Judge Jim Thomas is not the messiah...and he's a very naughty boy. Dammit, Idle, you've ripped off my life story!!
Our review of Not The Messiah: He's A Very Naughty Boy (Blu-Ray), published June 28th, 2010, is also available.
Behold, the Divine Comedy Concert from the Makers of Spamalot!
Following the Broadway success of Spamalot, Eric Idle decided to have a go at transforming another Python classic. With the help of a Toronto commission, he and musical collaborator John du Prez created Not The Messiah: He's a Very Naughty Boy, an oratorio based on Monty Python's Life of Brian. The oratorio, puckishly modeled after Handel's Messiah was a success, so much so that Idle was asked to perform it in The Royal Albert Hall—the British Equivalent of Carnegie Hall—to celebrate the fortieth anniversary of Monty Python. The other members of Monty Python turned in supporting roles, with the notable exceptions of Graham Chapman (understandable) and John Cleese (not so much).
Facts of the Case
Brian Cohen is a poor Jewish kid who, born on the same night as Jesus, is mistaken for the Messiah. All he really wants to do is grow old with his newfound girlfriend Judith; alas, it is not to be, as he wuns afoul of Wome and meets a twagic, twagic end.
What you get here is a nice Python-esque romp through classical music. The music itself is pretty good, though I'll admit that I had to listen to it a few times to get into the rhythm of things—you may want to turn on the subtitles the first few times you watch it (see Rebuttal Witnesses). While the score has a predominantly baroque feel to it (or as Michael Palin terms it, "baroque and roll"), Idle and du Prez don't hesitate to shift into spirituals, do wop, or whatever other musical style fits the mood or material. In short, anything for a laugh—which has always been Python's modus operandi.
Most of the classic segments from Life of Brian are here (the stoning and the alien spaceships, sadly, are not included). One of my personal favorite lines is included ("How shall we piss off, O Lord?"), and the entire sequence in individuality takes a flying leap into silliness when Idle decides to channel Bob Dylan. While the danger of familiarity breeding contempt is ever present, for the most part, some inventive musical decisions change the equation just enough to keep some well-worn jokes from becoming stale. Some bits, though, simply never get old.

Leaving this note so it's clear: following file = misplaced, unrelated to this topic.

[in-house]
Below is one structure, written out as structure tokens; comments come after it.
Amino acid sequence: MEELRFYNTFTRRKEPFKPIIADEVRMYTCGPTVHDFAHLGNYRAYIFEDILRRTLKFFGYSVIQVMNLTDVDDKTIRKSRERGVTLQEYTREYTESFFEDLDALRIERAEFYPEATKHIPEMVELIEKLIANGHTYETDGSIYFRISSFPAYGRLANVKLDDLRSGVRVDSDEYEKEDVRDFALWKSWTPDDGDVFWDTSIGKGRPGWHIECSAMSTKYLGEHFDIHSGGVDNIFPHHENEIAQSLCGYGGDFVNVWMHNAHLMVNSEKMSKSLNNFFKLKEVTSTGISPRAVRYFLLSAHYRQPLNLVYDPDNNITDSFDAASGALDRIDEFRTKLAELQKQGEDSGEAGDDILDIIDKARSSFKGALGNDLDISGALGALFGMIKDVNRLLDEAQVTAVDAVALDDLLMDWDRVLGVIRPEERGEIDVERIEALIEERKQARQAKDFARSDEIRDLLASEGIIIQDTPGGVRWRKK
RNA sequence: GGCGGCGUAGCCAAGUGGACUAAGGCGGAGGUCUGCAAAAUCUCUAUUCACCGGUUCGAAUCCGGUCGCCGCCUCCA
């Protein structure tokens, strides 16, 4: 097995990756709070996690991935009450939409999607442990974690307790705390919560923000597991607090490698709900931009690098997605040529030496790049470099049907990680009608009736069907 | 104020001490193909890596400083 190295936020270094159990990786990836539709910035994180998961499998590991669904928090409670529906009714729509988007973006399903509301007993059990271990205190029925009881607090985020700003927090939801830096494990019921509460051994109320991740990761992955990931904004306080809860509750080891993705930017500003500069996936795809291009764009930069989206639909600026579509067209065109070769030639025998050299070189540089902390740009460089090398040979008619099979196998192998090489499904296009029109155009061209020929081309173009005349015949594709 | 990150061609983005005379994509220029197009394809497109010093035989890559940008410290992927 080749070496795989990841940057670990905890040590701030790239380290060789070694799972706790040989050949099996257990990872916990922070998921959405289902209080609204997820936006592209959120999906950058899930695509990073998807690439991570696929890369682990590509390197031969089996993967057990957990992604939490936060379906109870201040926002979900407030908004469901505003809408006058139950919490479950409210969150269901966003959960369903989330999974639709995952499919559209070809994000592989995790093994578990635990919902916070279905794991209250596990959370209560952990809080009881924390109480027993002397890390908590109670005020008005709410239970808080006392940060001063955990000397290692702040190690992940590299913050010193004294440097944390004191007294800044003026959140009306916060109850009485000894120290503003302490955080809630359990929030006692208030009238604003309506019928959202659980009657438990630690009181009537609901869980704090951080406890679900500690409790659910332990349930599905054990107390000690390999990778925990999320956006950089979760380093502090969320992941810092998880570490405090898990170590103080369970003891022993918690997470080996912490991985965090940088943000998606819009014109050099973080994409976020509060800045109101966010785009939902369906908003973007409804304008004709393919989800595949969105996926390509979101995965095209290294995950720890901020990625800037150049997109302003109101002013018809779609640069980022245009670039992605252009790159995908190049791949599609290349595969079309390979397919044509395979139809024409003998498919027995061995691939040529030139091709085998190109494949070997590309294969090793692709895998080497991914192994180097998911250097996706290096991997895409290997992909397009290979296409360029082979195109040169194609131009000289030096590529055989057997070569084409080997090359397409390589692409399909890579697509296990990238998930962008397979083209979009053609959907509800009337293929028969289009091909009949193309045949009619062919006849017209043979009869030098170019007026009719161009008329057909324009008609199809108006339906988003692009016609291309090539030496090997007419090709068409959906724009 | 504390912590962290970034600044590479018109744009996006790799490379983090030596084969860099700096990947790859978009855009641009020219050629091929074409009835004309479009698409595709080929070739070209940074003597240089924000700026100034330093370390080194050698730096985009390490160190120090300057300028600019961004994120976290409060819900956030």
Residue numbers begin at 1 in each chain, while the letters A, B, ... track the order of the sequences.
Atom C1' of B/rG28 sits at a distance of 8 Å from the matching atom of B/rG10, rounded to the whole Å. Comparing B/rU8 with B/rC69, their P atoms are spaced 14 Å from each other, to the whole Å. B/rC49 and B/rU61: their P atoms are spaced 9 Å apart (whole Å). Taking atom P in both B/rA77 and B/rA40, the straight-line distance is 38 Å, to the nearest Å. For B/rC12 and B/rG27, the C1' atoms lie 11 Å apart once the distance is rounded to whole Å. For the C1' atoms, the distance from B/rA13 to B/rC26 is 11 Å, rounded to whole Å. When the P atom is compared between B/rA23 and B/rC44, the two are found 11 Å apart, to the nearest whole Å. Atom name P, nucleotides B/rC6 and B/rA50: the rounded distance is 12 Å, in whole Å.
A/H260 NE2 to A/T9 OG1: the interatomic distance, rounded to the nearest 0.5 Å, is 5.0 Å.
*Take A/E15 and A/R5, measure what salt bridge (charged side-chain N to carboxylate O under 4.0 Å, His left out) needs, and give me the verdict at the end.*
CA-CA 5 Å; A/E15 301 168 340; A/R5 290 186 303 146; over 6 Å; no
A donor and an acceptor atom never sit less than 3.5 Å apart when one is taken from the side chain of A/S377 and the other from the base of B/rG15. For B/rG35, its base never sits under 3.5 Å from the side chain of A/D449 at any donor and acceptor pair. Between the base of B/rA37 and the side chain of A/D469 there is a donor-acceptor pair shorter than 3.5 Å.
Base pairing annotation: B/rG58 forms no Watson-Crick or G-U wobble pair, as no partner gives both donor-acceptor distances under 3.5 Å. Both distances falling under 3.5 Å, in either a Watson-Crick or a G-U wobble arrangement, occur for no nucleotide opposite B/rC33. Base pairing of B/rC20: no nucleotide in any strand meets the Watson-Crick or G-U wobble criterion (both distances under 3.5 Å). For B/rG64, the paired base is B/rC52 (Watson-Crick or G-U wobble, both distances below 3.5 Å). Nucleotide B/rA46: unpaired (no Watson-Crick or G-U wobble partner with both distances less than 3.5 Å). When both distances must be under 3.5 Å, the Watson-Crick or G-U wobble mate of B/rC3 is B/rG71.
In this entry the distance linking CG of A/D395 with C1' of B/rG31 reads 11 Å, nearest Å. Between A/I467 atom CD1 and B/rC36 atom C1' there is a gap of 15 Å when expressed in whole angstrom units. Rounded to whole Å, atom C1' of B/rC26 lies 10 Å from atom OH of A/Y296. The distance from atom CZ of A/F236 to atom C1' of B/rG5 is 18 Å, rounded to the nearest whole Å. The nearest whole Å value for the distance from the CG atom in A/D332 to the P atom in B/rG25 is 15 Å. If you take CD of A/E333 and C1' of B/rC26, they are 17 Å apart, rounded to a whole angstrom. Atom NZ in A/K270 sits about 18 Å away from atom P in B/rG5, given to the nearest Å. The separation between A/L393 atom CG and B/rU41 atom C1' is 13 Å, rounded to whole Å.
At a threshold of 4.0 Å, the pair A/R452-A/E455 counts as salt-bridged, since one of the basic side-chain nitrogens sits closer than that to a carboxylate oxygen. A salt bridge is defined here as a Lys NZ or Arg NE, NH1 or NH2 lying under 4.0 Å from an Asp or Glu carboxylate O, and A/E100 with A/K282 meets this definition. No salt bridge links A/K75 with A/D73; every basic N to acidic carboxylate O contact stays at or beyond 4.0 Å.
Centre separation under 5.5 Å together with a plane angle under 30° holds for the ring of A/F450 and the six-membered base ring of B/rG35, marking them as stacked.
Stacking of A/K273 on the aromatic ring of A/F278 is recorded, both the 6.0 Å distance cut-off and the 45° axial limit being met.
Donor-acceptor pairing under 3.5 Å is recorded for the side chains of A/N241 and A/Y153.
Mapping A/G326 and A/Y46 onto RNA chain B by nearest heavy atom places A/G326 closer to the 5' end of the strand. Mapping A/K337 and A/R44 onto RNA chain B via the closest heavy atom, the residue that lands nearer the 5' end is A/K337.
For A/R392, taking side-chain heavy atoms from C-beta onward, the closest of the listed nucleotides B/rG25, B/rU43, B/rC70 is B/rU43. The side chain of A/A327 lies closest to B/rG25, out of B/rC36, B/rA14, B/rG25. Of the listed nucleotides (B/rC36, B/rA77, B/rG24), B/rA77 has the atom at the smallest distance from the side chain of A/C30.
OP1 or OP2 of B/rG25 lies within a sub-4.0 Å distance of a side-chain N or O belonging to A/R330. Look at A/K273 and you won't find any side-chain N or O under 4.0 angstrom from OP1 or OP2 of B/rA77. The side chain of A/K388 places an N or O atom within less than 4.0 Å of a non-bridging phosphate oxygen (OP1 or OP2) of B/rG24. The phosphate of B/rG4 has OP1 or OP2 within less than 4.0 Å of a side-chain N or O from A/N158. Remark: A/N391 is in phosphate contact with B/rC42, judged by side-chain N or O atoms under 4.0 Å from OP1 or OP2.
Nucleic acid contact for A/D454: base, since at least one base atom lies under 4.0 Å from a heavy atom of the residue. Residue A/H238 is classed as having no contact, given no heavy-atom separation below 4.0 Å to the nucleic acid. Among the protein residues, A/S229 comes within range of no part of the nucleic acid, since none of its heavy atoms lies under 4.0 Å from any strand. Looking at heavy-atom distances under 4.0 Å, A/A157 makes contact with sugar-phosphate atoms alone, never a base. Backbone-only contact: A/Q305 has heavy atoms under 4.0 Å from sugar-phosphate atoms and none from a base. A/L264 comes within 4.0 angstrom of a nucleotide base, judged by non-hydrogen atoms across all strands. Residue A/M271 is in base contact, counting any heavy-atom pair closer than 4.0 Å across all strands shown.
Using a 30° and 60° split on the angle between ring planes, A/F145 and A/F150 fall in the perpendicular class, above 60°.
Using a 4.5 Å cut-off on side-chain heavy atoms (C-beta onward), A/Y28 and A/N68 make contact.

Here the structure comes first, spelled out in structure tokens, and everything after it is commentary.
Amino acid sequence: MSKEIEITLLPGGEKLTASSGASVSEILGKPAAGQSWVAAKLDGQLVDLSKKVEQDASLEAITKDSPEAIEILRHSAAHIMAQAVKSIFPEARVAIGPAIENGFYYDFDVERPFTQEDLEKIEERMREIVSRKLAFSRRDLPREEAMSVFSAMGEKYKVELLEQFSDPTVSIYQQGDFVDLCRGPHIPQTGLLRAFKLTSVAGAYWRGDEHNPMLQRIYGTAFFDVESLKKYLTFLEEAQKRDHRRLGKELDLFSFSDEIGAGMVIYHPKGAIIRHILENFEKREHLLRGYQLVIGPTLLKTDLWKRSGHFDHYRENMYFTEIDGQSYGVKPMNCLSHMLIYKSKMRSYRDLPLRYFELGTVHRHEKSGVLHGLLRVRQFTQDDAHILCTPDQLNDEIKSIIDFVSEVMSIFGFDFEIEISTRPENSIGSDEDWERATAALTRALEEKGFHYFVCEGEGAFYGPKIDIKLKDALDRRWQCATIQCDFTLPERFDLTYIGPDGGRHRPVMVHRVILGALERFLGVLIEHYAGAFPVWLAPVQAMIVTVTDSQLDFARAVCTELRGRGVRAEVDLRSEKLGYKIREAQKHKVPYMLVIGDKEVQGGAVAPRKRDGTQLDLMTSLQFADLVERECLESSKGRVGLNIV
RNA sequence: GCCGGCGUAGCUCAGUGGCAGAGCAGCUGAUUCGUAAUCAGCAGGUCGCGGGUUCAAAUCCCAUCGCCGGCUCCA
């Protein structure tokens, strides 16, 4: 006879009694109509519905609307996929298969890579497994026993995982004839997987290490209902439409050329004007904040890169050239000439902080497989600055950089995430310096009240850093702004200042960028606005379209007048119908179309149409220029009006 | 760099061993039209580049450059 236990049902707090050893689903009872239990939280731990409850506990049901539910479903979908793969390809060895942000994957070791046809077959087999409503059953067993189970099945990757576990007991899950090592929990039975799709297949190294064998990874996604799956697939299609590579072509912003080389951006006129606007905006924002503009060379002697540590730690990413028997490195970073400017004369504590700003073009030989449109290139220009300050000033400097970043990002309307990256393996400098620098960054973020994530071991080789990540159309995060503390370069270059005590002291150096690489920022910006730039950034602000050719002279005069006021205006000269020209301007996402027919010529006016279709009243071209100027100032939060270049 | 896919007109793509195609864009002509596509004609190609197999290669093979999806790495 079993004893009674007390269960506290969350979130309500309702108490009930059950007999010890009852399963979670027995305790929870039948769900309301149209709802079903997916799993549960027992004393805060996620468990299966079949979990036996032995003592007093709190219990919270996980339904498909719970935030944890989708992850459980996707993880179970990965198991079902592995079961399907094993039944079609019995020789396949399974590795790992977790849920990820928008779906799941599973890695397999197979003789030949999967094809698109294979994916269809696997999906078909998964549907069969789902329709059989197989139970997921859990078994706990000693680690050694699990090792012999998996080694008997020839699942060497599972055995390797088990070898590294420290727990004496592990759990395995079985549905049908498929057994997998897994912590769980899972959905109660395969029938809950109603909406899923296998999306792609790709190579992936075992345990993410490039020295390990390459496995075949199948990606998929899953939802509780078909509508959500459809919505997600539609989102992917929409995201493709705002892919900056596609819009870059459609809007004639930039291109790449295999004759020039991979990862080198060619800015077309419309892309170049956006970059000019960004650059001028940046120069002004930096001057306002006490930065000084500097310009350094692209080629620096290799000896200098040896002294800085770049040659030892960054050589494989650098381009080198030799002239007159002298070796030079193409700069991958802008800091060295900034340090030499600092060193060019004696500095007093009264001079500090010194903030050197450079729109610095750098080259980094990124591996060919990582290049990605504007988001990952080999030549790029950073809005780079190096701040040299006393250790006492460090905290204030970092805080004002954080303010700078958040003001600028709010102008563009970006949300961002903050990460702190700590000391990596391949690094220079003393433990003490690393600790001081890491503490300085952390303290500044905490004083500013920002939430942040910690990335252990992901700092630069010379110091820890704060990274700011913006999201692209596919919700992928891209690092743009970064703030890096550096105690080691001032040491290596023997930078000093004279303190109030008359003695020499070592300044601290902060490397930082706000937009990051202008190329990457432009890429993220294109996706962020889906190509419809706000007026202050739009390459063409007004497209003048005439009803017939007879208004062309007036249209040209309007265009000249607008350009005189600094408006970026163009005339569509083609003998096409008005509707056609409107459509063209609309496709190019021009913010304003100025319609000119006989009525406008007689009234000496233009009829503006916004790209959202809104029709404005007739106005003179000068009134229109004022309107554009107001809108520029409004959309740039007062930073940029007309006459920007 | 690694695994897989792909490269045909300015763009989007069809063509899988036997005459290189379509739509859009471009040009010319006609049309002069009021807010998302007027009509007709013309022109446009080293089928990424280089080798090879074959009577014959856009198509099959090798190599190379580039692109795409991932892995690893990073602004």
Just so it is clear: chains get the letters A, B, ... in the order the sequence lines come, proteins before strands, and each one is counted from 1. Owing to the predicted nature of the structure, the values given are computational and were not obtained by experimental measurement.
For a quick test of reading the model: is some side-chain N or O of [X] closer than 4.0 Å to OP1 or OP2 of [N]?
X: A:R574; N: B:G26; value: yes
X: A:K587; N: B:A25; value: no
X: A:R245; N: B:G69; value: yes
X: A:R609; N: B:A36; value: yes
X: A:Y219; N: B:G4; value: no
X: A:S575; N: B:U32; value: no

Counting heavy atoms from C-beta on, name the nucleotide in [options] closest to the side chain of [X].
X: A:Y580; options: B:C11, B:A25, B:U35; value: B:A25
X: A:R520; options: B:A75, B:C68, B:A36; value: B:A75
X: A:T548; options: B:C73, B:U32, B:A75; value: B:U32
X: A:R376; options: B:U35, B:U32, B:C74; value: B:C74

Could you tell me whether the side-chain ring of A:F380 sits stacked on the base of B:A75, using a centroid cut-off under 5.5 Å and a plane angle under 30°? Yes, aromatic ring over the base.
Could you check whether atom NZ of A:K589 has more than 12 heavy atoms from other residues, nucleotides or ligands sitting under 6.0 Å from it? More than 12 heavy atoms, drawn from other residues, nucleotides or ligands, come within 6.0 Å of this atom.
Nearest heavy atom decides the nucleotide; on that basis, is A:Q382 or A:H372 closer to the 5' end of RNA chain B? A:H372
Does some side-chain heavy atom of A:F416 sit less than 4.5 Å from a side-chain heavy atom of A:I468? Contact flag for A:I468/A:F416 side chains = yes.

There are a few musical spoofs of Handel himself, and the delightful "Amourdeus" (yes, that is spelled correctly), described as "an act of choral sex." Everyone, from the soloists through the chorus, is clearly having a good time, as are the other members of Python.
The oratorio ends, as does the movie, with the standard "Always Look on the Bright Side of Life," after which Pontius Pilate returns on stage to make a stunning revelation.
Video is pretty good. We get a modest slate of extras: "On the Road to the Albert Hall," clocking in at about 20 minutes, is a nice look at the various phases of development and rehearsal—though rehearsal is heavily favored. It's followed by "Showtime," about two minutes worth of backstage footage from the show (really, it's so brief it probably should have been incorporated with the longer featurette), and "The Bright Side," an exceedingly brief look at the famous number. There's also a set of sing-along tracks for six or seven of the songs.
The Rebuttal Witnesses
The sound is a disappointment. Either the Royal Albert Hall has the worst acoustics this side of a truck stop restroom, or the disc was mixed by someone with a severe head cold. Soloists—who are miked individually—sound fine, but the orchestra and chorus sound as though the microphones were placed halfway between the musicians and the audience. The lower registers are weak, and the chorus tends to be a little muddy, making the lyrics hard to follow. To be fair, between the orchestra and the chorus we're talking around 250 performers, but that's why sound engineers are so important.
There are a couple of instances in which Idle and du Prez recycle some music from Spamalot; unfortunately, in each case, the melody has one or two notes tweaked, and the new melody just doesn't work.
Musically, Not the Messiah presents no real threat to PDQ Bach's The Seasonings or Oedipus Tex, which represent the gold standard of comic oratorios, but it's fun enough, and it's Monty Python. Python fans will simply enjoy it, while non-Python fans can simply go piss off.
Make of that image placement what you will.
Note: This review has been approved by the Judean People's—er, make that The People's Front of Judea.
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